A recent poll found most US soldiers in Iraq wanting to come home, and it is crystal clear from this movie that the only way to “support” these guys would be to bring them home. The same poll found that almost all US soldiers in Iraq think the war was revenge for Saddam Hussein’s role in 9-11 (which of course was nonexistent).
But plenty of Americans at home believe that nonsense too, and our lives are a lot less controlled and propagandized than theirs – or so we like to think. Many Americans live in a Homeland Dreamland, getting news from a TV set in the evening, never learning that the war was based on lies and has nothing to do with defending them from anyone. Polls show us to be at least as incoherent in our beliefs as these soldiers are: we think the war was a bad idea and has made us less safe, but that we might “succeed” there, that we had no business going but would make things worse by leaving, though staying isn’t worth the cost, and we can’t agree on why the war was launched.
Here at home we worry about our daily lives, our needs, our bills, our jobs. Over there, our soldiers worry about their daily lives, lives that almost compel them to hate the Iraqis. Yet, you see them resisting that and even in some cases recognizing that they would behave the same way if someone occupied their country.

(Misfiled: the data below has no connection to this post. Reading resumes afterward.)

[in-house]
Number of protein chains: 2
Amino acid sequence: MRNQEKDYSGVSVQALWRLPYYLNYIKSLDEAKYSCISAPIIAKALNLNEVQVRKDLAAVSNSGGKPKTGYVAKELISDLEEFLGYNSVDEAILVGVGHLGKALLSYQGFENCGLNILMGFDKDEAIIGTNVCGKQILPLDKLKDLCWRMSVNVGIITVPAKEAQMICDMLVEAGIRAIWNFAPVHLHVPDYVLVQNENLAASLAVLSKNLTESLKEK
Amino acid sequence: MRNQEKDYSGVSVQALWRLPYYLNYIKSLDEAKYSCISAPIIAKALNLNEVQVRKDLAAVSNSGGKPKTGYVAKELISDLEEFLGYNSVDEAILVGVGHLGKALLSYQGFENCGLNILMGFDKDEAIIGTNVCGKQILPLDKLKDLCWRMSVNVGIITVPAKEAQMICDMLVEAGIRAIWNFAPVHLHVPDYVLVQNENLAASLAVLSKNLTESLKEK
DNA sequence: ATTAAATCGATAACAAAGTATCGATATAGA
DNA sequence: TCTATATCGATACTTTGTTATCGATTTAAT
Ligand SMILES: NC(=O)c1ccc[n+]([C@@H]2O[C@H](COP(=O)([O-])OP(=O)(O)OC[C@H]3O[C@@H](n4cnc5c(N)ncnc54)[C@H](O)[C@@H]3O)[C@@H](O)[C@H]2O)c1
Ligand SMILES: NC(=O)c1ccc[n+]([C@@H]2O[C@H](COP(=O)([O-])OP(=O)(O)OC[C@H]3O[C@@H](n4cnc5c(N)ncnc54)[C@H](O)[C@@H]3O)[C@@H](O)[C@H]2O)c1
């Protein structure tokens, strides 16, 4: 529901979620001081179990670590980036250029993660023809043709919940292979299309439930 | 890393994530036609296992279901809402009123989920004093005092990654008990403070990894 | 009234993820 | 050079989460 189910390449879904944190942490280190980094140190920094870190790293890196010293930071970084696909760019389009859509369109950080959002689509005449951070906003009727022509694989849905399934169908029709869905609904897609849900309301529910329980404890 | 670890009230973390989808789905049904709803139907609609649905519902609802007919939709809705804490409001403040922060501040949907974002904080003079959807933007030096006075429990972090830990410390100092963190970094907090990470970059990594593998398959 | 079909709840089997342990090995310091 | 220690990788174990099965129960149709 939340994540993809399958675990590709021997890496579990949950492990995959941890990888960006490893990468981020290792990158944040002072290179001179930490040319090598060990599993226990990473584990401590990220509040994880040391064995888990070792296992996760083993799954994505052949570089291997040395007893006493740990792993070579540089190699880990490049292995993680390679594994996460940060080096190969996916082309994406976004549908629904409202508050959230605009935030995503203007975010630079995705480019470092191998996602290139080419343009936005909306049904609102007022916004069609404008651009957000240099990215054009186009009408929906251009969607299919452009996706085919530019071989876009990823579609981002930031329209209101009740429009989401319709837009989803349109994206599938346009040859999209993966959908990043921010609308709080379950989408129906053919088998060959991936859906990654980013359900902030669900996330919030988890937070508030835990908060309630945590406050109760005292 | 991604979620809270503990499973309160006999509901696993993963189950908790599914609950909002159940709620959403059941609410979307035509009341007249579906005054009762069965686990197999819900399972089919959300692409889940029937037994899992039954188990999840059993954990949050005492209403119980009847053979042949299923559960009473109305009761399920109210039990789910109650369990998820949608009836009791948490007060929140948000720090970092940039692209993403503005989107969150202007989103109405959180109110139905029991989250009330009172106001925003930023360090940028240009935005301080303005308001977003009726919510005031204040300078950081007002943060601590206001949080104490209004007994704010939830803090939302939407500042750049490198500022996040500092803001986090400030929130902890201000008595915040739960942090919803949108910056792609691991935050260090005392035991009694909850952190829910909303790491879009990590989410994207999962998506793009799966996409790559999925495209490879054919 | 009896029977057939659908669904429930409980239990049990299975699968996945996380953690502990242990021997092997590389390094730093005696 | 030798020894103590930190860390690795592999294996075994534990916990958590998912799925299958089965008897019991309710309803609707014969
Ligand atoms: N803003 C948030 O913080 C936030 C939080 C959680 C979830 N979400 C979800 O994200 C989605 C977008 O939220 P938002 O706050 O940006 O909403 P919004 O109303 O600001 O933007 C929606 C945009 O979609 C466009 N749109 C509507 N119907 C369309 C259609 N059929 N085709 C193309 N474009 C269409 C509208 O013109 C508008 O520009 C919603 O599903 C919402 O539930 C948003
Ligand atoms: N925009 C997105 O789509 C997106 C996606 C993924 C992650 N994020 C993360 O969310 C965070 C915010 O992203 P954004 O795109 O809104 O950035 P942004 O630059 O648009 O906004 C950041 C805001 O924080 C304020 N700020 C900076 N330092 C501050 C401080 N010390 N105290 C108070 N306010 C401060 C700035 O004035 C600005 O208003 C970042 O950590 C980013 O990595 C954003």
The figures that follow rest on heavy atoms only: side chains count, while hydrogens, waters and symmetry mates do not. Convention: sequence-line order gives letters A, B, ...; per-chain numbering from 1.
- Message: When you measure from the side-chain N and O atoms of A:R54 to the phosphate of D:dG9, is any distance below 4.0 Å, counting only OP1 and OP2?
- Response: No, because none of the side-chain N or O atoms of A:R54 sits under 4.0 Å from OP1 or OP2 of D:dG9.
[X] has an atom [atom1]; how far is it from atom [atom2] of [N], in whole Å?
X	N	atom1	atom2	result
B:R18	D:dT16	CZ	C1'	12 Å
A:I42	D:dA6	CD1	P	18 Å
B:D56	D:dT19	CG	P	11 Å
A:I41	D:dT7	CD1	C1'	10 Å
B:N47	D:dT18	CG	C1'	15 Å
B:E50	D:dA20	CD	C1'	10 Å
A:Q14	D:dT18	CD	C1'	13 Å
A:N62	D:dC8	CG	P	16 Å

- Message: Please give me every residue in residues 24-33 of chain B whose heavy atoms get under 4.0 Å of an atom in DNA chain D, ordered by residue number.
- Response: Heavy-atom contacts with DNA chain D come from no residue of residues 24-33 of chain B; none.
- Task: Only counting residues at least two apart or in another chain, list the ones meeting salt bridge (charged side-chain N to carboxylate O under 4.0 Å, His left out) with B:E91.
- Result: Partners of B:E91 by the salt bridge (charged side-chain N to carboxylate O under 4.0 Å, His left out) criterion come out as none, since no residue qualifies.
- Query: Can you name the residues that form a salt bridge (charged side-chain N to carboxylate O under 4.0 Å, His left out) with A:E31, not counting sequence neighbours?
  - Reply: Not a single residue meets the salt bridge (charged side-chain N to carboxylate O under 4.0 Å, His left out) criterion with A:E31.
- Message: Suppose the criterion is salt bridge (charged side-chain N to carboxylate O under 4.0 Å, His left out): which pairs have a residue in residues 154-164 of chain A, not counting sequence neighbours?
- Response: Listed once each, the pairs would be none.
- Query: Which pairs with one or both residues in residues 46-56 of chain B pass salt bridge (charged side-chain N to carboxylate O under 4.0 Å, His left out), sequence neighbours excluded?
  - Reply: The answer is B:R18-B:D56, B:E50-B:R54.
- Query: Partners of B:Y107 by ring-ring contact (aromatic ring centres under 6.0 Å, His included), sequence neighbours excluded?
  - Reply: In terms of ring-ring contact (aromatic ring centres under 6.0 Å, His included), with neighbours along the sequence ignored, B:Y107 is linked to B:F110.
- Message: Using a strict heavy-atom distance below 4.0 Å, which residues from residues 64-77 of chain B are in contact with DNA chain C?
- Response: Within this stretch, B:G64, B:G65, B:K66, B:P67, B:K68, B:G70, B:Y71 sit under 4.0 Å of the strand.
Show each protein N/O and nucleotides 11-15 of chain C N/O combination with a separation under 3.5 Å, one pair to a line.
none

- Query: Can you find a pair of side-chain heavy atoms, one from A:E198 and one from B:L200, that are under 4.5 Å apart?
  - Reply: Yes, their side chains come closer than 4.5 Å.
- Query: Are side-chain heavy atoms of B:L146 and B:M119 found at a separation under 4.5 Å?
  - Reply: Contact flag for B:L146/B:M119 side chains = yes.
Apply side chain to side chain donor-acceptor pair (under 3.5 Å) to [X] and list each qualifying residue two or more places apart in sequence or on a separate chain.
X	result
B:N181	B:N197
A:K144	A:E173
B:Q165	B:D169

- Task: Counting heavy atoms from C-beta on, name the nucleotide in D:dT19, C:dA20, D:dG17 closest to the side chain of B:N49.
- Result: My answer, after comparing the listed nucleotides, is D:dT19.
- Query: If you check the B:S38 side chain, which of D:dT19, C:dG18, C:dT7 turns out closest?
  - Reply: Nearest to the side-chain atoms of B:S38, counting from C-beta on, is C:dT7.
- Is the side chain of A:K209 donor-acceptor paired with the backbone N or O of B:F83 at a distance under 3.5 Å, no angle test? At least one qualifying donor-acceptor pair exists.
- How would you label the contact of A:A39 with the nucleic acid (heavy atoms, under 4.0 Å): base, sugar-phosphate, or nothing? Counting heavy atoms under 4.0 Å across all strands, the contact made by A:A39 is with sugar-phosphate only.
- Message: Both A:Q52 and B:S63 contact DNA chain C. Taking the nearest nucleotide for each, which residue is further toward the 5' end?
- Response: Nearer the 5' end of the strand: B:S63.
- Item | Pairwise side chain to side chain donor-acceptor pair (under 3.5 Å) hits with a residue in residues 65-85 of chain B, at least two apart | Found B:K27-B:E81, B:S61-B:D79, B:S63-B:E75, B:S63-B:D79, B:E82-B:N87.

Iraqis have said often that if Americans knew what was happening they would put an end to it. Some of these soldiers express the similar position that the American public would be shocked to learn what soldiers do.
I think Americans would be shaken into a different position if they saw the murdered Iraqis, men, women, and children, if they learned what life is like for those not killed, if they knew that families say goodbye each morning hoping to come back alive or not at all, because there is no medicine to care for the wounded.
I also think Americans would be shocked to see our own soldiers as humans, as they are in this film, rather than as faceless incarnations of machismo and xenophobia to be “supported”. That alone would be enough to end this war and to fund care for veterans and military families.
But many Americans would be most shocked to realize that much of the world sees these suffering young men and women as war criminals. In fact, this film shows a human picture of people who are indisputably committing war crimes. They are engaged in an illegal and aggressive war. They are fighting people in their homes and treating them as sub-human.
Yet, we treat our soldiers as less than human if we “support” them by putting them in and leaving them in this situation.
Our soldiers ask Iraqis to understand the suffering of the soldiers occupying their country. And so they should. It is real. But do we understand the suffering of the Iraqis? Do we understand it the way we would the death of someone in our household? Are we even halfway to that understanding?
And what of the Saudi men who flew airplanes into our buildings? Is it possible that those criminals were also human beings and that some jumble of thoughts worth separating out was in their heads?